Is Raising Chickens Cheaper Than Buying Eggs?



Eggs are a marvelous source of protein and nutrition for people around the world. Raising chickens in the backyard appeals to many who want to know where their food comes from and take pride in self-sufficiency.

But does it make financial sense? The answer is a qualified yes, but the cost of keeping chickens can skyrocket depending how it’s done — and it matters what kind of eggs you would otherwise buy.

Choosing Chickens

The price of the birds should be less than $4 each at a feed store, Cook says, although fancier breeds can cost up to $20 per hen. Plan to buy a minimum of four chicks — chickens are social animals and need to huddle for warmth early on. 

Raising Chicks

Experts generally recommend buying chicks and raising them to maturity rather than buying adult chickens. In the four to five weeks from hatching to the coop, chicks need a deep container with smooth walls, bedding, a heat lamp, and nutrient-rich food that’s more expensive than chicken feed.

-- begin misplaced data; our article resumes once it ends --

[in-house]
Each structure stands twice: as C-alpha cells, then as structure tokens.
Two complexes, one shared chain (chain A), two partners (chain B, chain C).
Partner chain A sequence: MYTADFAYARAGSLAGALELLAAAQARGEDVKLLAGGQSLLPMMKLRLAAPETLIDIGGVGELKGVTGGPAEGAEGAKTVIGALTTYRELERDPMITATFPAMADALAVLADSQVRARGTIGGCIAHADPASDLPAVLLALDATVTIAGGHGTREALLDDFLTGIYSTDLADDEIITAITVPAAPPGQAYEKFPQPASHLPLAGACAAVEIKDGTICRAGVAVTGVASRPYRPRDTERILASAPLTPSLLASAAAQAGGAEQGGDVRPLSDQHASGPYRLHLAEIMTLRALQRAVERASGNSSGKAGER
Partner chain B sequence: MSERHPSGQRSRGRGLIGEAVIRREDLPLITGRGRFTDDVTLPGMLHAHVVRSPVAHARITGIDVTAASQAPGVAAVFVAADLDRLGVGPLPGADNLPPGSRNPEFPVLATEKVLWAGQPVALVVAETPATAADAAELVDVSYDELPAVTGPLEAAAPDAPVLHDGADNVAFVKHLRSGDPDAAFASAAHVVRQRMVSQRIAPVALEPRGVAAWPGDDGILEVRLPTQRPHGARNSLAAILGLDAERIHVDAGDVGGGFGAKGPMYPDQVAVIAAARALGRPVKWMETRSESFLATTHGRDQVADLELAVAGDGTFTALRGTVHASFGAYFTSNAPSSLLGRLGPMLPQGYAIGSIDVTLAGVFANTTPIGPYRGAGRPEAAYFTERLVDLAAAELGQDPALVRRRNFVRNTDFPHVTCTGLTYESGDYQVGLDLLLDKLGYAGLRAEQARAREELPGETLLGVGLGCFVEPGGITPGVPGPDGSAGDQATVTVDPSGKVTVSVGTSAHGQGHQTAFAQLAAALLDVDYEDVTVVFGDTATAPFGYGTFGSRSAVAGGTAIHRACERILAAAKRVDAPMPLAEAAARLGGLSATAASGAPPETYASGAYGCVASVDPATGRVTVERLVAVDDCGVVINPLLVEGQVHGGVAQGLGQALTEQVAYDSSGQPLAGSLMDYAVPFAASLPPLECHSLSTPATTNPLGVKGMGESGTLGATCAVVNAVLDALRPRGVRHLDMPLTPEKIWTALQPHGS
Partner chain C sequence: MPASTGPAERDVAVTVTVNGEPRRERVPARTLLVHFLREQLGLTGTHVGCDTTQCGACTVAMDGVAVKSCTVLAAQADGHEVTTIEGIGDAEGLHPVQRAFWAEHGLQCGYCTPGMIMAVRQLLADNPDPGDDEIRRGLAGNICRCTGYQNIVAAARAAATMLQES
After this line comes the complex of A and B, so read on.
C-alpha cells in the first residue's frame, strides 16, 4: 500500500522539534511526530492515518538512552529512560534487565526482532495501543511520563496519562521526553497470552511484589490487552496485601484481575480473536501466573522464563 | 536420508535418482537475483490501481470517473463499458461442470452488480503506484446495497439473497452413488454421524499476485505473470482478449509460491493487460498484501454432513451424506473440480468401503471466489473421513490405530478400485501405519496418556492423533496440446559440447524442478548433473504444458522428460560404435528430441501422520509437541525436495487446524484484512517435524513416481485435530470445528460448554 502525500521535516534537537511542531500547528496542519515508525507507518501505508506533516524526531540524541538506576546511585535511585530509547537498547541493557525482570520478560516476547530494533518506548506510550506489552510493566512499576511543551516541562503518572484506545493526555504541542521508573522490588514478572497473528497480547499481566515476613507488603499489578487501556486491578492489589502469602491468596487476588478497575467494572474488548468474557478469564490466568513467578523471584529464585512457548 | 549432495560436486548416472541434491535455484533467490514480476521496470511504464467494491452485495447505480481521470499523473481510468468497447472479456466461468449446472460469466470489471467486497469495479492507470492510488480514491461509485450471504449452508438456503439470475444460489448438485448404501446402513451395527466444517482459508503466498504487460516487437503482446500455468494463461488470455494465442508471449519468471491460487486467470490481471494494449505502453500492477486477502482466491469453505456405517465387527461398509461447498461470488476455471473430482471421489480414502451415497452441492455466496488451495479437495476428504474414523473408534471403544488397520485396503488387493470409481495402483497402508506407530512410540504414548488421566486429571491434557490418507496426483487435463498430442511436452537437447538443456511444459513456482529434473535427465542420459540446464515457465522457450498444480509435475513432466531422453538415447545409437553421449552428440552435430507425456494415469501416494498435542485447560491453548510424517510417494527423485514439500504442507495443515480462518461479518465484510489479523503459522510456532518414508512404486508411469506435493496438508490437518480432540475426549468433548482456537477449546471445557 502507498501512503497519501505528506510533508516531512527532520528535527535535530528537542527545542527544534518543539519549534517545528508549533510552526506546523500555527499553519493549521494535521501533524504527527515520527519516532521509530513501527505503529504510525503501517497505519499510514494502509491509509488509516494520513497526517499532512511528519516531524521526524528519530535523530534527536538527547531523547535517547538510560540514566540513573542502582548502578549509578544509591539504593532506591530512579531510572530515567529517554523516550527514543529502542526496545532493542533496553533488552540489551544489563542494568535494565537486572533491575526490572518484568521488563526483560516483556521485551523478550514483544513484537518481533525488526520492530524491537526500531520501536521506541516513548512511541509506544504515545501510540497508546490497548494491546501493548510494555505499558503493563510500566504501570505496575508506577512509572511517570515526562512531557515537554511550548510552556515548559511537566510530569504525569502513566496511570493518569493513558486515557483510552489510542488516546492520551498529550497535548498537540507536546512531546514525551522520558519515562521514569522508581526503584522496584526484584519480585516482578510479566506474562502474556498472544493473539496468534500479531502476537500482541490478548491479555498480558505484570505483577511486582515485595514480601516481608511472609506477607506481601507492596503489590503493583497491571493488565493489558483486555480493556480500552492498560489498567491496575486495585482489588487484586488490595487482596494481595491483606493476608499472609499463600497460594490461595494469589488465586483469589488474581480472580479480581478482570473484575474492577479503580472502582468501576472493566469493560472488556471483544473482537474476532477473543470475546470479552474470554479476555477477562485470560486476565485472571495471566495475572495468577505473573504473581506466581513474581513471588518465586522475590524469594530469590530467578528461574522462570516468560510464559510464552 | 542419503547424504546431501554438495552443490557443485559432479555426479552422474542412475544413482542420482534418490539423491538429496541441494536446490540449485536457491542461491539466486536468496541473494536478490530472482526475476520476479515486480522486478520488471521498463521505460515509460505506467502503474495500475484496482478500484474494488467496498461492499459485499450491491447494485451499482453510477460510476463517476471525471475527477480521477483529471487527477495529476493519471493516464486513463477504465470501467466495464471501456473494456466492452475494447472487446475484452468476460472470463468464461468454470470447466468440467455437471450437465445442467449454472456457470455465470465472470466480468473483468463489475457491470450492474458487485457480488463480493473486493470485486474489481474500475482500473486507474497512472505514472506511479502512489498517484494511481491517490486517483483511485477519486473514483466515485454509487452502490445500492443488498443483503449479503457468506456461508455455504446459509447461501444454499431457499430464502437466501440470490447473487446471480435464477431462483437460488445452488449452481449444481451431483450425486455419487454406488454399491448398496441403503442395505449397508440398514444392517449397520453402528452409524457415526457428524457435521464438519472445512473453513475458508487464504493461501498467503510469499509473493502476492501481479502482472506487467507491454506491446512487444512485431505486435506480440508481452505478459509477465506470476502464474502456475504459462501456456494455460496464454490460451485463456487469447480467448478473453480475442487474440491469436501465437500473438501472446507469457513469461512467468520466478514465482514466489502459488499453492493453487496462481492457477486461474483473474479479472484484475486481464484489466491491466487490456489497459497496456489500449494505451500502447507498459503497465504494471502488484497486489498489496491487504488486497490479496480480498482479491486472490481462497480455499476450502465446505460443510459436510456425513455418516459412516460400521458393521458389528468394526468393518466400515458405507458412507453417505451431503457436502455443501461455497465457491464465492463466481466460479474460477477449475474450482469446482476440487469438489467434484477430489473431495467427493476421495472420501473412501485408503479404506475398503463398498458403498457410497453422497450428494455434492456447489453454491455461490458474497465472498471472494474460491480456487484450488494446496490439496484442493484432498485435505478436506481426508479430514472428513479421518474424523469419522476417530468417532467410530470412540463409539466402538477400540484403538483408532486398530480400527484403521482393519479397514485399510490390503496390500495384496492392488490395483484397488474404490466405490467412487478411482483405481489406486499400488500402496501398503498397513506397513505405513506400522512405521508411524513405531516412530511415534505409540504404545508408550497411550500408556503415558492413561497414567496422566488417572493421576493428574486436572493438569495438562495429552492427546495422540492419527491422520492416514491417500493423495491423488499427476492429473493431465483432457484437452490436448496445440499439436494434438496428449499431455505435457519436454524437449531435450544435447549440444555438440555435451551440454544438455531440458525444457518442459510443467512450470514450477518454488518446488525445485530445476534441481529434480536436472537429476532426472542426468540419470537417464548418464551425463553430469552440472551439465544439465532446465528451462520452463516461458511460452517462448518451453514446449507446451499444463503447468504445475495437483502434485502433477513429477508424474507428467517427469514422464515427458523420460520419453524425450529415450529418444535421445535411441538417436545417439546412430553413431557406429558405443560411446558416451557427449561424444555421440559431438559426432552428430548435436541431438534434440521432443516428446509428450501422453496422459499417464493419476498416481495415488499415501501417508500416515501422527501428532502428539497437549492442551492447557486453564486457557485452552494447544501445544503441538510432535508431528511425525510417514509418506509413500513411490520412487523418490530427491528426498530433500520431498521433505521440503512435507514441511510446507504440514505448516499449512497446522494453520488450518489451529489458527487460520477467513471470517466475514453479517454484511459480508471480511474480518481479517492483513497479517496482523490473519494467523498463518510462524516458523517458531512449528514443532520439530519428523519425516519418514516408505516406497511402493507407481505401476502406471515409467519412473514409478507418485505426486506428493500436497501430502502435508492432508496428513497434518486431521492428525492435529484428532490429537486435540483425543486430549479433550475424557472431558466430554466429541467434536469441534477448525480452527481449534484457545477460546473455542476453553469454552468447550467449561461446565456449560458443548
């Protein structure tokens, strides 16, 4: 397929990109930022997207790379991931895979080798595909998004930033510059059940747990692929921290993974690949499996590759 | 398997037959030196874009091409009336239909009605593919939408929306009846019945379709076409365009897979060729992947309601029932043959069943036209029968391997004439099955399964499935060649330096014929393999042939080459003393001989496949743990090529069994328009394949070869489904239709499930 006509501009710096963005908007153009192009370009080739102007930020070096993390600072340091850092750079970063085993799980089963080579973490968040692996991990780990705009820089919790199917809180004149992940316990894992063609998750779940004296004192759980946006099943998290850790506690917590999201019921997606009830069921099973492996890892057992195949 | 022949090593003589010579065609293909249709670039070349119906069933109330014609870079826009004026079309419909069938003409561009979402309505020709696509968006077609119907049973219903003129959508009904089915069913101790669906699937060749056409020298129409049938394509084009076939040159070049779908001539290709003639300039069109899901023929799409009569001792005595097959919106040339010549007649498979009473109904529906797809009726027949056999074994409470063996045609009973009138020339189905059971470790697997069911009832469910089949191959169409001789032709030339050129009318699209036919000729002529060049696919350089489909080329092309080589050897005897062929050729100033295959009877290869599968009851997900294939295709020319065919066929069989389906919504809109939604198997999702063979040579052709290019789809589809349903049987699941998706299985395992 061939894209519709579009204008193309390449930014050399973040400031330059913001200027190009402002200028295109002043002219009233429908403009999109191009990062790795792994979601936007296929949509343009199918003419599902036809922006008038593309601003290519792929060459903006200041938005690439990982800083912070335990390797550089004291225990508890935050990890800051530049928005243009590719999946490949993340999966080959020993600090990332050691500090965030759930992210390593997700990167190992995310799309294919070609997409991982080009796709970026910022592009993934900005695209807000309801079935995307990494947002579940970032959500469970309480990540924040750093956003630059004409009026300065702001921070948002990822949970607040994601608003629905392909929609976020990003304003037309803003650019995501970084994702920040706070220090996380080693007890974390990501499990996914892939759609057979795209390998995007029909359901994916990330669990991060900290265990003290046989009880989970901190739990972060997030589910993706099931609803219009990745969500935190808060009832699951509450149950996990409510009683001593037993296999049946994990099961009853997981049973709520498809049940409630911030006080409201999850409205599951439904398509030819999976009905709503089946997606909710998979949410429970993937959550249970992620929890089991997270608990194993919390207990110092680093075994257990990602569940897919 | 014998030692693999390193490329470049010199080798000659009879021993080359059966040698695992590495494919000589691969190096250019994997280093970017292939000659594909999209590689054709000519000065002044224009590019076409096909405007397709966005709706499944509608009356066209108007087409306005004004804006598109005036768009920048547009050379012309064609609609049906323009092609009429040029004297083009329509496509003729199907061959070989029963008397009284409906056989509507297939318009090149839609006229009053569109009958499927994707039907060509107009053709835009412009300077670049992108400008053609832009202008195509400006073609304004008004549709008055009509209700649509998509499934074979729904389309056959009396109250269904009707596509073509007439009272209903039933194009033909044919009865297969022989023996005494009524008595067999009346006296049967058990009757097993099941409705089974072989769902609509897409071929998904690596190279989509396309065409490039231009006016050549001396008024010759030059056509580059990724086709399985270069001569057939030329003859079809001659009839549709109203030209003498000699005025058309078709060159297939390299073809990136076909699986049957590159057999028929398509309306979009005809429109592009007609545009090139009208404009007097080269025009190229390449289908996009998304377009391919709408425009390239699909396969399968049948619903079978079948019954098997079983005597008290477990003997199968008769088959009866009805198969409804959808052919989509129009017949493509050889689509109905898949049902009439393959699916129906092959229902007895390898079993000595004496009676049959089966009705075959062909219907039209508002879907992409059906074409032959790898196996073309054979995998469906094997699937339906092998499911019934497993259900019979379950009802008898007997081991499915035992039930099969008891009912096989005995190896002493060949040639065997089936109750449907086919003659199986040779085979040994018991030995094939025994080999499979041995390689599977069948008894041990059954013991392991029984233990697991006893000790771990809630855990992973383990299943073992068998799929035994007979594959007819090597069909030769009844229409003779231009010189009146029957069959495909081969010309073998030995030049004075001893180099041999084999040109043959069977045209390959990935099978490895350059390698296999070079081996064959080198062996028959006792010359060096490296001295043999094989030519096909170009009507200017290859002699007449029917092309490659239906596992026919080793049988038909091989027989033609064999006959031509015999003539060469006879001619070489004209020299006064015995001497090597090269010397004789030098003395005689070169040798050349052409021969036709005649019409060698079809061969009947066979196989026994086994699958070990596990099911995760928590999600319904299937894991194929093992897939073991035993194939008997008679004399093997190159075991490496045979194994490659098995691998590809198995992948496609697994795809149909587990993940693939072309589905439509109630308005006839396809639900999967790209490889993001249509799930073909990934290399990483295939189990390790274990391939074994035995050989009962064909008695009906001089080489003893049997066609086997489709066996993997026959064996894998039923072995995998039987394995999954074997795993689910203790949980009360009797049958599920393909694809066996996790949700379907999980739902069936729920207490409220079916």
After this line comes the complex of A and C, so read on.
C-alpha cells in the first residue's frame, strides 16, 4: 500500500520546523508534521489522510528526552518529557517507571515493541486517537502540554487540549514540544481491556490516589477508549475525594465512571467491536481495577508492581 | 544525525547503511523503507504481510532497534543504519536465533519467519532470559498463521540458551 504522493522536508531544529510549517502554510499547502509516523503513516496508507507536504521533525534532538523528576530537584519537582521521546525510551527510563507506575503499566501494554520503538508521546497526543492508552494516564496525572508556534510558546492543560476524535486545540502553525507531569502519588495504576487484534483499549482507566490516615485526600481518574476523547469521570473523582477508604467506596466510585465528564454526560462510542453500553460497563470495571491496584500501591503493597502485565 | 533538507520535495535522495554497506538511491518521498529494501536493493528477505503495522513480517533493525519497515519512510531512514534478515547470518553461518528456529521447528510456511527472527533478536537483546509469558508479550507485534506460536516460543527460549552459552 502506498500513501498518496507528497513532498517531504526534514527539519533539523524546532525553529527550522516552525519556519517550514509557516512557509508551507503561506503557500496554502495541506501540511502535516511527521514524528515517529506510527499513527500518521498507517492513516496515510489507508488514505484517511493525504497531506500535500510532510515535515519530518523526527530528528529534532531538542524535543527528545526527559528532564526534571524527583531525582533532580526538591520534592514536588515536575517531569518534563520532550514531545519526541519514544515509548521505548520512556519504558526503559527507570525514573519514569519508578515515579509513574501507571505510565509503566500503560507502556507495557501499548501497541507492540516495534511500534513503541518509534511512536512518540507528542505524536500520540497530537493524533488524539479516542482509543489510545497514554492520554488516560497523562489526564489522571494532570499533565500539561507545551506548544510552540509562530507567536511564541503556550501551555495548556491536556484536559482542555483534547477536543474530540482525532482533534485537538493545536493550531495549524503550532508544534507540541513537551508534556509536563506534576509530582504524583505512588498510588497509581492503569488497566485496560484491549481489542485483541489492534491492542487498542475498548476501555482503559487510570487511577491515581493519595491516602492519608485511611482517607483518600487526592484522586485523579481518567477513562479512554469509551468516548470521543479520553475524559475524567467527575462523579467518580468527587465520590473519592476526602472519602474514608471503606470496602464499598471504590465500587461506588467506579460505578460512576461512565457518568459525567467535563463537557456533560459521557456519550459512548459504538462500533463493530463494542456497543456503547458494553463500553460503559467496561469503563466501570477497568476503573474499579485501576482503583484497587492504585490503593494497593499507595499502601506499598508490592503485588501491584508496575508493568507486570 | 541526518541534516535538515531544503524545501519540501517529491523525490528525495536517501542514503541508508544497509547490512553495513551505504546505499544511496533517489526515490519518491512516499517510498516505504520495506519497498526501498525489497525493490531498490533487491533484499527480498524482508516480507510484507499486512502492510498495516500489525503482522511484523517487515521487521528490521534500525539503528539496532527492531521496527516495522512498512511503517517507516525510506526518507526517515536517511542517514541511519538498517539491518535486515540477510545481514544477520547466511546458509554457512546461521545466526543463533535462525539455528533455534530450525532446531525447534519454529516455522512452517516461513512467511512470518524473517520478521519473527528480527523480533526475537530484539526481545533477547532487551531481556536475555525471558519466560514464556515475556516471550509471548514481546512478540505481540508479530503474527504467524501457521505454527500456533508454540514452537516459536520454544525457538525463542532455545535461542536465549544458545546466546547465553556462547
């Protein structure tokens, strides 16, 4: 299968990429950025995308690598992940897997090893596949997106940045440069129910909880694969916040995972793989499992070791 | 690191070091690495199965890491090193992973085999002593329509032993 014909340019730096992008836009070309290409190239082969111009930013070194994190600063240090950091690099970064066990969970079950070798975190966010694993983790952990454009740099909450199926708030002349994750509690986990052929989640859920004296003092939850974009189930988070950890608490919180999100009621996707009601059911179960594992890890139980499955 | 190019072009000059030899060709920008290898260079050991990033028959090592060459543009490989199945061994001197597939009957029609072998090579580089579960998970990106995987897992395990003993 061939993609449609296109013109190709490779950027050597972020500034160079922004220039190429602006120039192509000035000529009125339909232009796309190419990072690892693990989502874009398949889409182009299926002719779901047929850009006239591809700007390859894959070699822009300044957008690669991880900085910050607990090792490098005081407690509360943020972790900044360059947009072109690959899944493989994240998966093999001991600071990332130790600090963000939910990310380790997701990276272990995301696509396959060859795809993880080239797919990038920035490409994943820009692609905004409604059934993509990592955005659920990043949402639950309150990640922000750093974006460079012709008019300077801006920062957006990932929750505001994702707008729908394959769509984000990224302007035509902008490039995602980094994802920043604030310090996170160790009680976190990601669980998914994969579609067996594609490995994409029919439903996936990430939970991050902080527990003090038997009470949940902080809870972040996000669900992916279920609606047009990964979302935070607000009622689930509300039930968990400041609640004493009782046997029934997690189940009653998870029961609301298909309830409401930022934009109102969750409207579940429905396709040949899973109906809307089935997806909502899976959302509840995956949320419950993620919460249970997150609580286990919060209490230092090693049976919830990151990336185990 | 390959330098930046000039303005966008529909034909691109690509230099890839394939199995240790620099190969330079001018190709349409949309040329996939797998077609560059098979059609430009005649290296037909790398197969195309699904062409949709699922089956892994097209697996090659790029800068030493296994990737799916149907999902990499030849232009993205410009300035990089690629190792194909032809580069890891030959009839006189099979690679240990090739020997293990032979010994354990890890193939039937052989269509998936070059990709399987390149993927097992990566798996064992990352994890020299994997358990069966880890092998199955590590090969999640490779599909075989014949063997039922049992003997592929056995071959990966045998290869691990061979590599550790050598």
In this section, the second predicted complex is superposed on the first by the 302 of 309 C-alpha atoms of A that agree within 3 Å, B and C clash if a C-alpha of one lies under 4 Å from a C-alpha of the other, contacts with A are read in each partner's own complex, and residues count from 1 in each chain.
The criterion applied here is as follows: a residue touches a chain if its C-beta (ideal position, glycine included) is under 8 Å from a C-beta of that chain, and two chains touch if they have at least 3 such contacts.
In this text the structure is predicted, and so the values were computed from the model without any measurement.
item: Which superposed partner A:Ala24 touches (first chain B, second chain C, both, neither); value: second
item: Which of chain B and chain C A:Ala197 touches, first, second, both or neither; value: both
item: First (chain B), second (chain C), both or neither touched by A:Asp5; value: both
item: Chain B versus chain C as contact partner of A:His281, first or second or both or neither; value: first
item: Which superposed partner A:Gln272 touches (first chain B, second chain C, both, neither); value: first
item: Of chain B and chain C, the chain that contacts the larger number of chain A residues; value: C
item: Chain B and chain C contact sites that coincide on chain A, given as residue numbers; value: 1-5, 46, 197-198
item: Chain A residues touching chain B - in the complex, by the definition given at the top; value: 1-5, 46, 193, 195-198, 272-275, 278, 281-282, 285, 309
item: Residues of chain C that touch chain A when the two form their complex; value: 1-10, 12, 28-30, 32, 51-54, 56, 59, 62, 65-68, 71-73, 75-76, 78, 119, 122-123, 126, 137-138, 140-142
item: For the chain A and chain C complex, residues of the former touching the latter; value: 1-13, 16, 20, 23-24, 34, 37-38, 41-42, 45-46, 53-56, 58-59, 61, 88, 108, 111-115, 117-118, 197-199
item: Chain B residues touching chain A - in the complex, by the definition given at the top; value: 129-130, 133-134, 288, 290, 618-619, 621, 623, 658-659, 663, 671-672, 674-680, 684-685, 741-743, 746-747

Keeping Adult Chickens

The local farm store might sell elaborate chicken coops that cost hundreds of dollars, but a simple coop can be made from salvaged materials. 

Feeding Fowl

Letting chickens forage for their food may be economical, and naturally groom the landscape  as the flock roams free, but their diet dictates the quality of the eggs. 

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